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Paul Klee (1879-1940)
Paul Klee (1879-1940)


Paul Klee (1879-1940)
indistinctly signed 'Klee' (lower right)
gouache, watercolor and charcoal on prepared paper
12¼ x 19 in. (31.3 x 48.7 cm.)
Executed in 1937
Daniel-Henry Kahnweiler, Paris.
Karl Nierendorf, Cologne (by 1938).
Stössl, Zurich.
Galerie Beyeler, Basel (by 1961).
Albert Turrettini, Satigny (by 1964).
Anon. sale, Sotheby's, London, 4 December 1968, lot 88.
Gallery Stephen Hahn, New York (by 1968).
Anon. sale, Christie's, London, 2 July 1974, lot 157.
Serge Sabarsky, Inc., New York.
Galerie d'Art Moderne, Basel.
Galerie Beyeler, Basel.
Acquired from the above by the late owners.
Verve, no. 3, 1938, p. 115 (illustrated).
S. Takiguchi, "Paul Klee," Atelier, vol. 17, no. 4, 1940 (illustrated).
K. Nierendorf, ed., Paul Klee, Paintings, Watercolours 1913-1939, New York, 1941, p. 30 (illustrated).
J. Spiller, ed., Paul Klee. Unendliche Naturgeschichte. Prinzipielle Ordnung der bildnerischen Mittel verbunden mit Naturstudium, und konstruktive Kompositionswege. Form- und Gestaltungslehre, Basel, 1970, vol. 2 (illustrated).
J. Smith Pierce, Paul Klee and Primitive Art, New York, 1976, pp. 19 and 67.
A. Kagan, Paul Klee, Art & Music, Ithaca, 1983, p. 131 (illustrated).
R. Verdi, Klee and Nature, London, 1984, p. 167 (illustrated).
P. Delamater, Klee and India: Krishna Themes in the Art of Paul Klee, Ph.D., University of Texas at Austin, 1991, p. 151f.
The Paul Klee Foundation, ed., Paul Klee, Catalogue raisonné, Bern, 2003, vol. 7, p. 255, no. 7057 (illustrated).
Paris, Galerie Simon, Paul Klee, Oeuvres récentes, January-February 1938, no. 21.
Basel, Galerie Beyeler, Paul Klee, March-April 1963, no. 53 (illustrated).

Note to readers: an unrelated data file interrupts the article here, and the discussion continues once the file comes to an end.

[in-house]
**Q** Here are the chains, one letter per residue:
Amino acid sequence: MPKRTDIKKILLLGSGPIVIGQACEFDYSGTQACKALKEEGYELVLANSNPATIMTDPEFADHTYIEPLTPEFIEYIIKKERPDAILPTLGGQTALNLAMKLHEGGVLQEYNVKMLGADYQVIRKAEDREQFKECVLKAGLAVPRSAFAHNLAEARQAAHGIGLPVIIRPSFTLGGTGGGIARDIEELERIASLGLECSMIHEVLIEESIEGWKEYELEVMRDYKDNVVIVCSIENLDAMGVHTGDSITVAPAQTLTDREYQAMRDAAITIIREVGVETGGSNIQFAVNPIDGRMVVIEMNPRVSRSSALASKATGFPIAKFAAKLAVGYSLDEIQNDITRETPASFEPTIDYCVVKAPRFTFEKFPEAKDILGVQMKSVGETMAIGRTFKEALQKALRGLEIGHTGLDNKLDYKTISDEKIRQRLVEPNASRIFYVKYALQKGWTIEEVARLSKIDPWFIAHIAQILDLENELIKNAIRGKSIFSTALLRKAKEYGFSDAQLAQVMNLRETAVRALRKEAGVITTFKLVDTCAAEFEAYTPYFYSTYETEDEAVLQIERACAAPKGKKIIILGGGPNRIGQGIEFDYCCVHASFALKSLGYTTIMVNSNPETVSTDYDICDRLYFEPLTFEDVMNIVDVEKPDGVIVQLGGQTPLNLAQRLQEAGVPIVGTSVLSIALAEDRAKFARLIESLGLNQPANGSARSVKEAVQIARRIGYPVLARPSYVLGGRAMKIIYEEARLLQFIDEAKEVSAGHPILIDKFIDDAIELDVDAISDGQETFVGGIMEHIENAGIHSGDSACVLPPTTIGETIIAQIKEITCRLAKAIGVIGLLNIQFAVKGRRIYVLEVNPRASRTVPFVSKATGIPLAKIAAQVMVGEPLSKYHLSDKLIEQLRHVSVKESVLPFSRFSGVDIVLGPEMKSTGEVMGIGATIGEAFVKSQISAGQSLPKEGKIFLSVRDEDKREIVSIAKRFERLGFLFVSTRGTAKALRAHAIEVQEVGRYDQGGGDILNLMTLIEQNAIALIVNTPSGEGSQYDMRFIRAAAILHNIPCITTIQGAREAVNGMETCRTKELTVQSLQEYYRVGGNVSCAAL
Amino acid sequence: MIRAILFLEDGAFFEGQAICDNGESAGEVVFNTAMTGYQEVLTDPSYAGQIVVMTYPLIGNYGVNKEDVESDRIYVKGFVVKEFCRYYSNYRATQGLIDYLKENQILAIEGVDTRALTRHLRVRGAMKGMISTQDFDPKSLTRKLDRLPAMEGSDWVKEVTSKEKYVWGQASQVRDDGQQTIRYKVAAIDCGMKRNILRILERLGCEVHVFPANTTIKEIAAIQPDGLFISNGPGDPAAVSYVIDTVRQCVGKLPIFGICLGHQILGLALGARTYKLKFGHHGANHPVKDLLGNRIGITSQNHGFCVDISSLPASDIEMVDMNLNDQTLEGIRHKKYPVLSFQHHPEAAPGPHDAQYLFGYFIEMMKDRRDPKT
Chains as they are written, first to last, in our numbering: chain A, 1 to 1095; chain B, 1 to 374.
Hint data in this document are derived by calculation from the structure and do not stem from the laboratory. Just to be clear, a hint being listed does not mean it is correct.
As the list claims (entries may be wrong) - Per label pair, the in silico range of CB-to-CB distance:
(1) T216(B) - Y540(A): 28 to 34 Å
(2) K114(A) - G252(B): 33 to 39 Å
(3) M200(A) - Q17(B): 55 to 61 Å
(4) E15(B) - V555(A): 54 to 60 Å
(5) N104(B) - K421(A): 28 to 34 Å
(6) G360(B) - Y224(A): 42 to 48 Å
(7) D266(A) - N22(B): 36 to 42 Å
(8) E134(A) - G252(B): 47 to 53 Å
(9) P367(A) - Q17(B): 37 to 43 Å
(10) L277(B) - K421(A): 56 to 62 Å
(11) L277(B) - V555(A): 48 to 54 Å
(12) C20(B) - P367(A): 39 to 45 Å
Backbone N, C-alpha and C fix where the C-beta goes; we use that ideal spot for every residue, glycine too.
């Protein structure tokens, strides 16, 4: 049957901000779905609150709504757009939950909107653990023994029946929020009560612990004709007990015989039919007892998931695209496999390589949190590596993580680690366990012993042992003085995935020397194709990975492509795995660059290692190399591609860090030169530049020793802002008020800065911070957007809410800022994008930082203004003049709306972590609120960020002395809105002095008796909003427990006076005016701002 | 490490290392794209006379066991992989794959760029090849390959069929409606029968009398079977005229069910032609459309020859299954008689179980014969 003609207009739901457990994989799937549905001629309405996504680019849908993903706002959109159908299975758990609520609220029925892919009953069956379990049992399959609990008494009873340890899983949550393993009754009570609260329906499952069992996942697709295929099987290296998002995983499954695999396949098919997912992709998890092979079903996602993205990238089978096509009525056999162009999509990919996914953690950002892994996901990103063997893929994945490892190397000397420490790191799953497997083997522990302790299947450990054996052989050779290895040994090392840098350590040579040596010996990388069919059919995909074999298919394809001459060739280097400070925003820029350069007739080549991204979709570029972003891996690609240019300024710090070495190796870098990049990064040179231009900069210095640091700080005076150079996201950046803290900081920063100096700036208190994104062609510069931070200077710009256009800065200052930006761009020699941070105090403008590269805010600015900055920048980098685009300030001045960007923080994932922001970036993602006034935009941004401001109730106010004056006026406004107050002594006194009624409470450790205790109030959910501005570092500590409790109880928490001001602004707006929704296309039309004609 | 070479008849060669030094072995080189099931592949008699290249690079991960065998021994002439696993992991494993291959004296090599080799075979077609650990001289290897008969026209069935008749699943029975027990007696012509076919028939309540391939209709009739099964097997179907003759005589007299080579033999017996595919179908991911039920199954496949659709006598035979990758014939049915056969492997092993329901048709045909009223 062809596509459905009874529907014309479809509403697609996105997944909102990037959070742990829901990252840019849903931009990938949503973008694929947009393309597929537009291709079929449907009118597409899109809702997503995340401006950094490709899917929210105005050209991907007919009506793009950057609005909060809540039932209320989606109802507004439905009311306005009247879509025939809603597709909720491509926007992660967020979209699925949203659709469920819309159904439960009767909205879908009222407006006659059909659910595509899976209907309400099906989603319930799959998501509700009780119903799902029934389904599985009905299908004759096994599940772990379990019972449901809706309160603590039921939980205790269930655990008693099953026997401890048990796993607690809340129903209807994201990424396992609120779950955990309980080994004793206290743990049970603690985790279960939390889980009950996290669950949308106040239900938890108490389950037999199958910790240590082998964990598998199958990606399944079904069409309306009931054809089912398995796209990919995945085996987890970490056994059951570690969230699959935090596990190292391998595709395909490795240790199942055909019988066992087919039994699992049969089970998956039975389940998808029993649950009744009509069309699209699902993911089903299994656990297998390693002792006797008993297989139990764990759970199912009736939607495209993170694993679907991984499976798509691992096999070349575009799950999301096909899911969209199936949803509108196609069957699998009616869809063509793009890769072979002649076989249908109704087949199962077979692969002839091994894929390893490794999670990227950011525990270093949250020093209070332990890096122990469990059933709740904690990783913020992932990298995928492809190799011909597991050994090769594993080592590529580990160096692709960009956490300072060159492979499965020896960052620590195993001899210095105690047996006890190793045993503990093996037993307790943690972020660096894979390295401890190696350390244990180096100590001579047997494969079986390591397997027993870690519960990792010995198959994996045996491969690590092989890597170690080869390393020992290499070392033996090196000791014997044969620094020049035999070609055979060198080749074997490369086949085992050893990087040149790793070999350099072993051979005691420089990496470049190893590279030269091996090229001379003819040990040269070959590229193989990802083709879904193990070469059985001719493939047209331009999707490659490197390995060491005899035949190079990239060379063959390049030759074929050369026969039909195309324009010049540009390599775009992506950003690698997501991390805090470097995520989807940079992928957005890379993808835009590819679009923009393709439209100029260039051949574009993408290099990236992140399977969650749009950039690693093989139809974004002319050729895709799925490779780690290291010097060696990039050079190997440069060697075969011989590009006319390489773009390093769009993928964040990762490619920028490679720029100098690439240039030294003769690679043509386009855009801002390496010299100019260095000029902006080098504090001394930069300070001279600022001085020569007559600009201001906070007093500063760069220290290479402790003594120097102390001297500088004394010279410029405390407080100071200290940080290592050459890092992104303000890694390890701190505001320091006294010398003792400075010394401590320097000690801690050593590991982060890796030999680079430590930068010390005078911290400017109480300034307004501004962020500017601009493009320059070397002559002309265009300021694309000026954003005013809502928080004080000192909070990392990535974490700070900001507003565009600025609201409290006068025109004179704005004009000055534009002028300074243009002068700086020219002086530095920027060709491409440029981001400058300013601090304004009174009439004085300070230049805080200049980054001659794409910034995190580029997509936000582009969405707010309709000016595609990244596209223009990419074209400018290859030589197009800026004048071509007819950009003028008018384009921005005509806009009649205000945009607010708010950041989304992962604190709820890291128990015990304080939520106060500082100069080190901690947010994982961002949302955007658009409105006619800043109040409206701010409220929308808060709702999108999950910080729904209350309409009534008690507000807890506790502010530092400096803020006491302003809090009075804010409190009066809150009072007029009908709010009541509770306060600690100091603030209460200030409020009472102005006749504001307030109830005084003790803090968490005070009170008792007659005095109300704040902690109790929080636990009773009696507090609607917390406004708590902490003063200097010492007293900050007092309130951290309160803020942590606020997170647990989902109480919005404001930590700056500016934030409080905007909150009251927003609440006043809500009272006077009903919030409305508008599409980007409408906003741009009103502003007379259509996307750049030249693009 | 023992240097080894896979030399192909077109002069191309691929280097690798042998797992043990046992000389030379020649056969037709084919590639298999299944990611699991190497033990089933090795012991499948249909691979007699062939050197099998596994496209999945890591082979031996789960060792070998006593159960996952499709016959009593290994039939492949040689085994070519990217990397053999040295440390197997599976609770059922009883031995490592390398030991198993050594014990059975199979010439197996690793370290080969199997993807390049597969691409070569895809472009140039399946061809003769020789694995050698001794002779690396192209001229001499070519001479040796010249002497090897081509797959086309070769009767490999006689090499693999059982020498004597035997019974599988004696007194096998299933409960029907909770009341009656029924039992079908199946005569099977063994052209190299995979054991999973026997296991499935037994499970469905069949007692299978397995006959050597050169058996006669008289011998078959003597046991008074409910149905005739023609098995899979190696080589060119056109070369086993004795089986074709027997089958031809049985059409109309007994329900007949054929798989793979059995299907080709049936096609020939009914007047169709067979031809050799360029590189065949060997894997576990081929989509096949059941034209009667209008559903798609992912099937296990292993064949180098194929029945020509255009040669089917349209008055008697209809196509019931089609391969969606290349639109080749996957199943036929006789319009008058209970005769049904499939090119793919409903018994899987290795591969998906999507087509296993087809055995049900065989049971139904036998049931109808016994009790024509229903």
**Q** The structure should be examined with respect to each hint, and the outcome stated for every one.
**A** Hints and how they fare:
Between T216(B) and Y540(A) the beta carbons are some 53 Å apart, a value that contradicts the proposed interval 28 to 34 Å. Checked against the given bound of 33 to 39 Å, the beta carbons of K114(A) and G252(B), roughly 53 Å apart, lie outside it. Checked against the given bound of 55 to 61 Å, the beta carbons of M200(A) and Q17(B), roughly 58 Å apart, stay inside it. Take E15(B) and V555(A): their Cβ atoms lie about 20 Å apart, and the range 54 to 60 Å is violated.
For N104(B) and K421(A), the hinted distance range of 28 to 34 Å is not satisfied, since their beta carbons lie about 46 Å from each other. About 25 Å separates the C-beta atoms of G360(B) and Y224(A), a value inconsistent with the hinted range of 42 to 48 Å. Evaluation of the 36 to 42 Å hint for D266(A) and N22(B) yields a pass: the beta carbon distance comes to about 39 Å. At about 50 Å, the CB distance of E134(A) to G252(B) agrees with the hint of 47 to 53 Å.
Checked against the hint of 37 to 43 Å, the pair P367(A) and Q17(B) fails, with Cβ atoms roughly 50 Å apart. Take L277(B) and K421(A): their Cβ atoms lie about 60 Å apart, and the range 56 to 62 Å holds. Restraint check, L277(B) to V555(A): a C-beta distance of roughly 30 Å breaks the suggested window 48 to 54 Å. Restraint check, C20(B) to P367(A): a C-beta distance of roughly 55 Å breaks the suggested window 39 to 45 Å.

Paris, Galerie Tarica, Paul Klee, November-December 1963 (illustrated).
Munich, Galerie Günther Franke, Paul Klee, June-July 1975, no. 41.
Sale Room Notice
Please note the correct medium:

gouache, watercolor and charcoal on prepared paper

Lot Essay

Painted in 1937, Winterschlaf, or "Hibernation," depicts a sleeping female figure integrated into the forms of a winter landscape. Using a bare minimum of means characteristic of his late style, Klee here constructs a magical realm with only a few cipher-like lines and curves set in a delicate mottled field of color. Part landscape, part figure, part abstract part, calligraphy or hieroglyph, the painting's magical fusion of form, line and color conjures an ethereal world of winter-sleep invigorated only by the vibrant but tiny red heart beating at the center of a mound that also serves as the sleeping woman's stomach.

A charmingly poetic visual expression of hibernation and a sleepy winter landscape, this exquisite work may also have held a poignant meaning for Klee himself, being one of an extensive number of paintings made after an enforced break from work due to illness throughout most of 1936 and the winter of 1937.

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